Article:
How does Fisetin work?

Like most polyphenols, fisetin is a powerful antioxidant that explains or partially explains many of its effects.

Second, it blocks an inflammatory switch known as NF-kB. Blocking this protein complex can thwart the evil plans of cancer, allergies, and autoimmune diseases.

Fisetin also affects mTOR, a kinase that acts as a kind of cellular switch. Higher post-workout mTOR levels are a good thing as they promote muscle growth. However, a persistently high level of mTOR is associated with a variety of diseases. Fisetin could be used to modulate the mTOR values ​​to your advantage.

Is Fisetin safe?

Fisetin, like most polyphenols, only seems to have better angels on its shoulders, as it has no negative side effects, even in high doses (at least in animal studies).

Pregnant women and children should nevertheless follow the usual warnings, as we do not know enough about the substance. The good news is that the Mayo Clinic is currently investigating Fisetin in three separate studies dealing with diabetes, kidney disease and frailty. Therefore, we should soon receive more information about its safety and effectiveness.

  Natural Fisetin

What Foods Contain Fisetin

Of all the foods analyzed for fisetin levels, strawberries contained the most, but you would need to eat about 37 of them daily to achieve the improved kidney function seen in a mouse study.

Taking Fisetin as a nutritional supplement is more realistic and there are currently some offers on the market, but we are not quite sure which dosages are optimal for human health.

The aforementioned Mayo Clinic trials use dosages of between 1,000 and 1,000, 2,000 mg. Every day, what a hell of a lot. However, in the one human study currently published in the literature, it is only 100 mg. One day has been shown to be effective in reducing inflammation in cancer patients.

To make things even more complicated, Fisetin, like many polyphenols, is poorly absorbed. However, taking fish oil or olive oil can help bring it into your system.

Of course, it was not known from the outset to combine curcumin with piperine or cyanidin-3-glucoside with a self-emulsifying delivery system to improve their bioavailability. Science will undoubtedly unlock the key to the absorption problems of Fisetin.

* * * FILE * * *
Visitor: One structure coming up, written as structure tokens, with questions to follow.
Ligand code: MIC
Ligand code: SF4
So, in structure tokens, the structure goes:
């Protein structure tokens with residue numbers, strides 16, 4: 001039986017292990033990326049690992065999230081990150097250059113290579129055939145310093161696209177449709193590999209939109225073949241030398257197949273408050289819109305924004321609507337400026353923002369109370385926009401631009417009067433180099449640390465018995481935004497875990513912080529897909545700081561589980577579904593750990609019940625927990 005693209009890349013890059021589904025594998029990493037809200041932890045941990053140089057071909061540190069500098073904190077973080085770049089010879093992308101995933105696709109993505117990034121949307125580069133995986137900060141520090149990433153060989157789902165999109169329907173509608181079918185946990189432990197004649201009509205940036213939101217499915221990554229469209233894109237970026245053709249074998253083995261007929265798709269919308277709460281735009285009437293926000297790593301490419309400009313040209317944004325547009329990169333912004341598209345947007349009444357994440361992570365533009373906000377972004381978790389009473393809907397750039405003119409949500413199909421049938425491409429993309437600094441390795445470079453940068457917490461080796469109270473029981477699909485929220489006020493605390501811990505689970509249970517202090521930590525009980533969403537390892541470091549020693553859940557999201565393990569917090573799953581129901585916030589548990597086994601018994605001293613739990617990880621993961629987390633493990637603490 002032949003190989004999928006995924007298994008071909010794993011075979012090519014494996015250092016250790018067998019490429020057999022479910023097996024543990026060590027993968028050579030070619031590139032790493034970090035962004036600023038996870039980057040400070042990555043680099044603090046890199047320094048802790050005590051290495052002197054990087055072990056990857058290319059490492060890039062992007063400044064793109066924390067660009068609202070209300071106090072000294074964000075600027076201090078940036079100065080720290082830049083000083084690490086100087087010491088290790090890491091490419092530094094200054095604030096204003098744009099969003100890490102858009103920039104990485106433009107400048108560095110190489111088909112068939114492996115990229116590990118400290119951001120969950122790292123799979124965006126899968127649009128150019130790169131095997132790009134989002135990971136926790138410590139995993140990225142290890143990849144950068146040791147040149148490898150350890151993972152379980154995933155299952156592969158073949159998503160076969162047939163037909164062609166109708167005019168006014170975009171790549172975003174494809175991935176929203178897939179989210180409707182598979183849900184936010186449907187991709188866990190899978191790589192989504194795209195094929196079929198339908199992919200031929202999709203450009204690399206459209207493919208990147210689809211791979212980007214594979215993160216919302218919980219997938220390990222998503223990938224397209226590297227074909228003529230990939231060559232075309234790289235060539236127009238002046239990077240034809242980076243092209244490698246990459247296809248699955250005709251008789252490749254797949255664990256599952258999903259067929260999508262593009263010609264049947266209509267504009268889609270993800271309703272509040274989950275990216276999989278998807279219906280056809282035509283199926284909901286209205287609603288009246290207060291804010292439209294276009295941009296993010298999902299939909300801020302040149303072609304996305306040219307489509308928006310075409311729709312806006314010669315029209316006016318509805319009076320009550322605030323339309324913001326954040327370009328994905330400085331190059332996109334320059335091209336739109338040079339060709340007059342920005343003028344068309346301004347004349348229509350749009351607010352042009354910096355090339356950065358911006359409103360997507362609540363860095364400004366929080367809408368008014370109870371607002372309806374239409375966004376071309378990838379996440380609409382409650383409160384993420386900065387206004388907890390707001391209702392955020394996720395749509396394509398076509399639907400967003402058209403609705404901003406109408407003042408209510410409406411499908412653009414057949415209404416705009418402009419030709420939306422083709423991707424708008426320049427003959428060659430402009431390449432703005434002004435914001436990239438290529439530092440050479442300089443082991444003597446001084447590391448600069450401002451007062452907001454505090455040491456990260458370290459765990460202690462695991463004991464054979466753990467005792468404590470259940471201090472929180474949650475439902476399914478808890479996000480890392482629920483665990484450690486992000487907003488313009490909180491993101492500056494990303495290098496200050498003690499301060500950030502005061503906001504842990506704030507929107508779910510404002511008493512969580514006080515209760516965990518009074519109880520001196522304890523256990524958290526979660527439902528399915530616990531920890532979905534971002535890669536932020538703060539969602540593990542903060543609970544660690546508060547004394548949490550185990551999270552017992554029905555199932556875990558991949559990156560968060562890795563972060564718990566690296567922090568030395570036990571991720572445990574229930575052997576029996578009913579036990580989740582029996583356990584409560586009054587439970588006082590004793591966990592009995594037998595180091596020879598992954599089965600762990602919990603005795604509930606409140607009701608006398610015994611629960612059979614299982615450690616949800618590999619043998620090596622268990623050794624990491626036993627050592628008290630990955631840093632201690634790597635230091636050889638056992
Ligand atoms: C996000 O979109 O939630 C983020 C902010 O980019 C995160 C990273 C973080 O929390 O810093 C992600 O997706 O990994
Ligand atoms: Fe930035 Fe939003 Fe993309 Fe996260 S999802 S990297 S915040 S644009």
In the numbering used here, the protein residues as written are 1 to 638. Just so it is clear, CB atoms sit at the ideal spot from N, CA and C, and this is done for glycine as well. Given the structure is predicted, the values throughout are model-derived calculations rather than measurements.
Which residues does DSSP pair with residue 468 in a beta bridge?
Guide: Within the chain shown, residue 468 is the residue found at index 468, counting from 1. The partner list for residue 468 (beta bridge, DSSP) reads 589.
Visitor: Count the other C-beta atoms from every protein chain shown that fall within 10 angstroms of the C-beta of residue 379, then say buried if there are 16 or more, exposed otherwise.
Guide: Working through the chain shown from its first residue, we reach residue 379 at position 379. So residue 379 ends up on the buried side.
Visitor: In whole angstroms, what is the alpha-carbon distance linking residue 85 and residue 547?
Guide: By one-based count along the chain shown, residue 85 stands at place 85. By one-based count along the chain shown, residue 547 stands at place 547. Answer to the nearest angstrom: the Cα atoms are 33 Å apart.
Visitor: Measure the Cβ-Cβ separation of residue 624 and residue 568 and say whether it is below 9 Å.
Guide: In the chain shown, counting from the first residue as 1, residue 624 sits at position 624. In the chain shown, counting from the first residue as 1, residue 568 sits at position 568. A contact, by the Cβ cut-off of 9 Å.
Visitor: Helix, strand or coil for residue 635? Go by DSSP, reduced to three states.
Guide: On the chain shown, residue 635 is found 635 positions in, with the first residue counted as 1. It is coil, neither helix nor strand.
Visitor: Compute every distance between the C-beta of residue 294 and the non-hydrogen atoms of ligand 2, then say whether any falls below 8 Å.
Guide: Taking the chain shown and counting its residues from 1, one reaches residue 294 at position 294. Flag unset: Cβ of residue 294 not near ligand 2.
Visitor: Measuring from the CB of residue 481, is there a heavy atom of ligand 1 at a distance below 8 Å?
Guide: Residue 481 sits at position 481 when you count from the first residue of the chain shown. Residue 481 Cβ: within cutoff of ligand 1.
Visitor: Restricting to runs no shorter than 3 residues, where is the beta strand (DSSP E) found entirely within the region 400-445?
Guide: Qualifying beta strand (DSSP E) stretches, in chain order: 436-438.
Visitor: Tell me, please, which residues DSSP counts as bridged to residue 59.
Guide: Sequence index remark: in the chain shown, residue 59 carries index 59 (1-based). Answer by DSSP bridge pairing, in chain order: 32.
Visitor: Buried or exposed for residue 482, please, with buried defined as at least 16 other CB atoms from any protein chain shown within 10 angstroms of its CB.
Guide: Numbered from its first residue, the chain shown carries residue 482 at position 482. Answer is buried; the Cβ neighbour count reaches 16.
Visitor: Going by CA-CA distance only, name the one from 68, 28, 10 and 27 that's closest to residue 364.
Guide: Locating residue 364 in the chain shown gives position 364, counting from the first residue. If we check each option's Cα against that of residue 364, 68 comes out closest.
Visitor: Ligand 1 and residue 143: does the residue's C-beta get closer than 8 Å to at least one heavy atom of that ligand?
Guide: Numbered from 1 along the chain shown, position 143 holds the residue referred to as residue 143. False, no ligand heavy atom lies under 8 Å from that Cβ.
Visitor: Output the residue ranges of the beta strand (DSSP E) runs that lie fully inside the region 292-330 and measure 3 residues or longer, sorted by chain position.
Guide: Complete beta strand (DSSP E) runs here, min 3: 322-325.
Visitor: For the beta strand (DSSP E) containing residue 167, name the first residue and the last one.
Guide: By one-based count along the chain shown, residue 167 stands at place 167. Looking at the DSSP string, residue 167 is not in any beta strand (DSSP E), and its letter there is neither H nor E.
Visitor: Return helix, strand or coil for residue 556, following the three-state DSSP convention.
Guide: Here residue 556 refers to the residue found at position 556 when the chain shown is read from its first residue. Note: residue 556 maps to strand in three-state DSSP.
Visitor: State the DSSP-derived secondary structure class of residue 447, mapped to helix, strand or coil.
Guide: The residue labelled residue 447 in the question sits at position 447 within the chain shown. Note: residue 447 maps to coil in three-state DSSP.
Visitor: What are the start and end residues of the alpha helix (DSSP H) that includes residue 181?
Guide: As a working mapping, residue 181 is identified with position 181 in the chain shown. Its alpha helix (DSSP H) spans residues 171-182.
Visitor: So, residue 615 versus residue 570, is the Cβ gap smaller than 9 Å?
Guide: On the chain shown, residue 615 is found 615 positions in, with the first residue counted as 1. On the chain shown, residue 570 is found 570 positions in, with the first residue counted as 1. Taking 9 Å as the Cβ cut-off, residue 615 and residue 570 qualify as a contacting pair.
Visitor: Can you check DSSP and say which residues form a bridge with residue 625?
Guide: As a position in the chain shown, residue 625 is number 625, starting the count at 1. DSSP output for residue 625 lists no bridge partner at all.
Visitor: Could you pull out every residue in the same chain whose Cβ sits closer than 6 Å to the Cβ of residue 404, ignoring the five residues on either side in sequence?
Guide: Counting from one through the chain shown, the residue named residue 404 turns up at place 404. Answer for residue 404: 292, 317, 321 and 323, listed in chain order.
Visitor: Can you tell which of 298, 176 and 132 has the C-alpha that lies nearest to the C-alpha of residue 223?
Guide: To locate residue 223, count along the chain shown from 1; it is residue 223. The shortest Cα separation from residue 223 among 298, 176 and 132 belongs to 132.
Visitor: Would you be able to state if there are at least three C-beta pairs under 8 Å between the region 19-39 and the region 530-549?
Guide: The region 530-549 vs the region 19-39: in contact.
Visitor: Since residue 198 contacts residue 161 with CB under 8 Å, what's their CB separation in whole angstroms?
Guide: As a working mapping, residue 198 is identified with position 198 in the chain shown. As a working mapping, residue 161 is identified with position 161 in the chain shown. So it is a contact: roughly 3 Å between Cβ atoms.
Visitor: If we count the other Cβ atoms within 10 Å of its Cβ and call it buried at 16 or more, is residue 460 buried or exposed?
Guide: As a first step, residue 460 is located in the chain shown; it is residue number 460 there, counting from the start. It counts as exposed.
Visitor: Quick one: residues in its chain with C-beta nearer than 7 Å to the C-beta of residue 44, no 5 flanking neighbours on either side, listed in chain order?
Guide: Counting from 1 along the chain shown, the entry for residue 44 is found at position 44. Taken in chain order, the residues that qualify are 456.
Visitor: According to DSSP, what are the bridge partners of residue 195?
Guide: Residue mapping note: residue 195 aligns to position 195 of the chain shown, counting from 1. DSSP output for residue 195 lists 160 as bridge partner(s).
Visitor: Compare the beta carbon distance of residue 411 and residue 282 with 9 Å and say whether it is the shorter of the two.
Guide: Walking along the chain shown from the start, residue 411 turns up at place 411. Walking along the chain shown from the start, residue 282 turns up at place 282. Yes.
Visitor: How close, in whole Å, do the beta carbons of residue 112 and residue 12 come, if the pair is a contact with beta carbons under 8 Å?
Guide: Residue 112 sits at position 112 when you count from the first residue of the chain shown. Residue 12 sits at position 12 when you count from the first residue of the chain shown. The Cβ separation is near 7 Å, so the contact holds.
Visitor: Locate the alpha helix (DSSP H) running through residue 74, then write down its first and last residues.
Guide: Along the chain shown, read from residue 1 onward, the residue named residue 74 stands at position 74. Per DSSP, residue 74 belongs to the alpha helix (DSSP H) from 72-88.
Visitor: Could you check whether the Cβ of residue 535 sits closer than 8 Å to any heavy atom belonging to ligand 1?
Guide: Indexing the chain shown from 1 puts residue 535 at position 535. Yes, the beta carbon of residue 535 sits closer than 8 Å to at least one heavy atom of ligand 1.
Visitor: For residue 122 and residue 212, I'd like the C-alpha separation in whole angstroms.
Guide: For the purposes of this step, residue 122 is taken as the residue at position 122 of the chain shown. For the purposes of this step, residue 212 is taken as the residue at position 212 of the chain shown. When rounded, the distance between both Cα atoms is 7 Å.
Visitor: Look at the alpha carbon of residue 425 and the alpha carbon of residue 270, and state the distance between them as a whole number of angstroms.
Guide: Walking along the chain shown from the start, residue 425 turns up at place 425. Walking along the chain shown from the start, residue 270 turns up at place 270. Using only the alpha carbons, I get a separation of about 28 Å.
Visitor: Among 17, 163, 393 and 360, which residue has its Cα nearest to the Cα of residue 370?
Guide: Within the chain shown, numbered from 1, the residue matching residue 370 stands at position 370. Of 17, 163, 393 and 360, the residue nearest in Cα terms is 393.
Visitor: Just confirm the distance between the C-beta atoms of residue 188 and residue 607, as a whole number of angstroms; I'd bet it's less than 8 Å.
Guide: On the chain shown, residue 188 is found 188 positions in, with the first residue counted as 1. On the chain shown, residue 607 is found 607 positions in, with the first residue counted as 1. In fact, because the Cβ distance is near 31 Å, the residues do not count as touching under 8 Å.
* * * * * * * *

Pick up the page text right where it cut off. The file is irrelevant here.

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Sources

  1. Khan N1, Asim M, Afaq F, Abu Zaid M and Mukhtar H. "A novel flavonoid-fisetin inhibits androgen receptor signaling and tumor growth in athymic nude mice. " Cancer Res. 15.10.2008; 68 (20): 8555-63.
  2. Pal HC1, Pearlman RL1, Afaq F2.3. "Fisetin and its role in chronic diseases"
    Adv Exp Med Biol. 2016; 928: 213-244.
  3. Paul Hunter, "13 Amazing Fisetin Benefits and Foods, Dosage and Side Effects," Selfhacked, June 8, 2019.
  4. Paul Robbins, PhD. "An aging superstar you should know", Bottomline Health, July 2019, Vol. 33 / No. 7
  5. Park JM1, Lee JH1, Na CS2, Lee D3, Lee JY4, Satoh M4, Lee MY1. "Heartwood extract from Rhus verniciflua Stokes and its active ingredient fisetin mitigate vasoconstriction through the calcium-dependent mechanism in the rat aorta", Biosci Biotechnol Biochem. 2016; 80 (3): 493-500.
  6. Prasath GS1, Subramanian SP. "Modulatory effects of fisetin, a bioflavonoid, on hyperglycemia by attenuation of the key enzymes of carbohydrate metabolism in liver and kidney tissues in streptozotocin-induced diabetic rats", Eur J Pharmacol. 2011 Oct 15; 668 (3): 492-6.
  7. Nathan K. LeBrasseur, 1.2 Tamara Tchkonia, 1 and James L. Kirkland1. "Cellular Senescence and the Biology of Aging, Illness and Infirmity", Nestle Nutr Inst Workshop Ser. 2015; 83: 11-18.